By Lois Henry
We need an outside agency to investigate the attempted rescue of logger Bill Bennett, who died Sept. 23, 2011 in the mountains south of Tehachapi after being hit by a falling tree.
I've detailed the accident and its aftermath in previous columns, including what I felt was an inadequate report on the incident by County Emergency Medical Services (EMS) Director Ross Elliott.
The Board of Supervisors met in closed session on this issue Tuesday and I was told by Supervisor Mike Maggard that "a review process has begun and we look forward to any constructive improvements."
He wouldn't tell me anything else, such as who's doing the review, when will the review be done and what exactly is being reviewed.
Well, after what happened Friday, I can say with certainty that unless this is looked at by independent eyes, another in-county review won't be good enough.
And not only should the Bennett rescue be thoroughly reviewed by an outsider, so should the county fire and sheriff's department helicopter hoist programs, Hall Ambulance's conduct and whether there's been adequate oversight of all those agencies by Kern's EMS.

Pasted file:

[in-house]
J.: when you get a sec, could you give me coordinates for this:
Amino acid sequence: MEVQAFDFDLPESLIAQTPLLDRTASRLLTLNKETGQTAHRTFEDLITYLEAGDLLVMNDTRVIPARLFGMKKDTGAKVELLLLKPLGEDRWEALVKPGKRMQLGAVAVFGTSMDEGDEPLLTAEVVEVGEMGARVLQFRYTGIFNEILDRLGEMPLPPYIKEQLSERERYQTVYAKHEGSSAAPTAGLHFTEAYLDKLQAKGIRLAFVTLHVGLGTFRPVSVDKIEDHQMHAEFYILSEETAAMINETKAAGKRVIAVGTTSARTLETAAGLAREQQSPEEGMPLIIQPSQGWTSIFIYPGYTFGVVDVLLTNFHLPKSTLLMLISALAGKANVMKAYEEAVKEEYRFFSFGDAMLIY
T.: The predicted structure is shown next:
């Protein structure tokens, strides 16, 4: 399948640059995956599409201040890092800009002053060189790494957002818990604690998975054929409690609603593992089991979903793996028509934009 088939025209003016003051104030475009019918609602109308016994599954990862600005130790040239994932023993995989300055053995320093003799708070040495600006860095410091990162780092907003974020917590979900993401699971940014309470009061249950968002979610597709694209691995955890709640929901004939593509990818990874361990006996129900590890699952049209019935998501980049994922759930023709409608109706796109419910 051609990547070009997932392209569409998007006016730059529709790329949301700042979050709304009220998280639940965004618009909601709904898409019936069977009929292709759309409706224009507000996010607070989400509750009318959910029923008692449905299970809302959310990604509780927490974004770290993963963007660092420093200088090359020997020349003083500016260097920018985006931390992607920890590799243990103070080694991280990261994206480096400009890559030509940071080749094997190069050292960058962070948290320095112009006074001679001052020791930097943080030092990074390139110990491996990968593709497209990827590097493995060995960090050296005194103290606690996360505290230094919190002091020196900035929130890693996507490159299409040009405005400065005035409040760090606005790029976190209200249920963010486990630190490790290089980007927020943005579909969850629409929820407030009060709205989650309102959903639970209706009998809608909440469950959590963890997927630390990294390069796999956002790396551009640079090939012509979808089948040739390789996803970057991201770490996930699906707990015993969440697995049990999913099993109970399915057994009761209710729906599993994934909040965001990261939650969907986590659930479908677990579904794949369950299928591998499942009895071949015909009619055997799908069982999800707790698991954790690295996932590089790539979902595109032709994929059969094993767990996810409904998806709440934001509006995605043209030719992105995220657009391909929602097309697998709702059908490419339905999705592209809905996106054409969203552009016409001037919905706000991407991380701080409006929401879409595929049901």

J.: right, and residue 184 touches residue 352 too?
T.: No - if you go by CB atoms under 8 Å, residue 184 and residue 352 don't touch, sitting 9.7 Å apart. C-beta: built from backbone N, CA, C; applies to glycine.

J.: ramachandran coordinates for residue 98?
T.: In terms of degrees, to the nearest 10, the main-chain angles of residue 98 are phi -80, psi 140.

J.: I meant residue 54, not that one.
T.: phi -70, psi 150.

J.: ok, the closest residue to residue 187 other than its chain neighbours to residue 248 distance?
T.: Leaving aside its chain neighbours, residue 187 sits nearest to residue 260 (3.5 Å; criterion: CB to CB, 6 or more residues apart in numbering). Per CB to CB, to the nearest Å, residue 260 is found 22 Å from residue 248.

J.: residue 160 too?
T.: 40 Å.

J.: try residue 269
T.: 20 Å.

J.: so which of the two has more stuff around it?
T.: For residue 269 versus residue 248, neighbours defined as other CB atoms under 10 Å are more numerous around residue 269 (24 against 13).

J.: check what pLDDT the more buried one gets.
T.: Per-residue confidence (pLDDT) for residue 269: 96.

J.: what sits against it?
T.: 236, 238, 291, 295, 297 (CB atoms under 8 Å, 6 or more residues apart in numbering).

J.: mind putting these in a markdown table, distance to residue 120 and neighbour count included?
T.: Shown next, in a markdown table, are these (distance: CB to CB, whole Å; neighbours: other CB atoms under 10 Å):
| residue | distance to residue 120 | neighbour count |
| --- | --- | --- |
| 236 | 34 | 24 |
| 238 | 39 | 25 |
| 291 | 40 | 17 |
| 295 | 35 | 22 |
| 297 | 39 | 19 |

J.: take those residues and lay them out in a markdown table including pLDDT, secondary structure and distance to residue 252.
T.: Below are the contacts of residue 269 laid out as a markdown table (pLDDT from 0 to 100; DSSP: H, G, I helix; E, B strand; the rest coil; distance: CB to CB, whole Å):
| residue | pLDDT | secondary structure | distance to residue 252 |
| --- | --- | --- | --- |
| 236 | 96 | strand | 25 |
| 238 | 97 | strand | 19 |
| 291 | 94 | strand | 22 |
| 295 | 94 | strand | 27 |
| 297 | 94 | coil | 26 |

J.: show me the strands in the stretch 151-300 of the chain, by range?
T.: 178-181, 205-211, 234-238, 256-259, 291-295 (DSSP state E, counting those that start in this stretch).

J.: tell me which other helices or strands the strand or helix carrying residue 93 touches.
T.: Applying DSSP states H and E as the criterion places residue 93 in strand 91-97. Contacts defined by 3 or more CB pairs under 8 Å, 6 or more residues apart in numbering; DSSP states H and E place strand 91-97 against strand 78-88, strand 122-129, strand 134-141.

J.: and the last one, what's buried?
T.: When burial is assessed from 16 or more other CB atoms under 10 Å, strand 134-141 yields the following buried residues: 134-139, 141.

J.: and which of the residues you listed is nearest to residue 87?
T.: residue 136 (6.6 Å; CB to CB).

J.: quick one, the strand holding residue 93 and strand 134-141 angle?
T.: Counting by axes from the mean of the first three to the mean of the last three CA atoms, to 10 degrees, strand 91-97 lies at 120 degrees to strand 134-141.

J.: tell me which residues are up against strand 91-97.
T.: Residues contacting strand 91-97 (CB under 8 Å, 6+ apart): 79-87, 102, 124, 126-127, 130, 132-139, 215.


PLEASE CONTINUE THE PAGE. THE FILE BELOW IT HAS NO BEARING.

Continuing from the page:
It's well past time to take the emotion and ego out of these vitally important functions and make sure they're functioning.
When the 911 call went out on this accident, Kern County Fire Department Captain Jason Nava got to what essentially became a staging area first with Hall's crew right behind him.
As Nava was hiking the half mile to Bennett, the Sheriff's Air 5 helicopter arrived.
Unbeknownst to the other rescuers, the Hall paramedic turned back after only a few minutes saying the hike was too hard. He also refused to ride up on a bulldozer, citing company policy about riding in non-Hall vehicles.
Meanwhile, Air 5 broke hover and circled numerous times. It took three attempts for them to drop in a deputy, then two more tries to get medical gear on the ground. It was nearly an hour before they got Bennett out.
Bennett's injuries were severe and perhaps he wouldn't have made it if all had gone smoothly. But it did not go smoothly.
So, back to Friday.
Sheriff Donny Youngblood called the "Californian Radio" show (KERN 1180 AM from 9 to 10 a.m.) and read me the riot act for questioning whether things had gone as well as they could have on the Bennett rescue.
Youngblood called my stories "crap."
He felt my reporting was substandard, that I was biased, pointing fingers and unduly disparaging the sheriff department's helicopter hoist program. (Hear it for yourself by listening to the podcast at http://www.bakersfield.com/CalifornianRadio/x2055049065/Californian-Radio-Feb-17-2012 )
He was particularly incensed that I quoted from Nava's report, which chronicled Air 5's difficulties and asserted that the sheriff's deputy on the ground "was not proficient in CPR and the use of his medical equipment."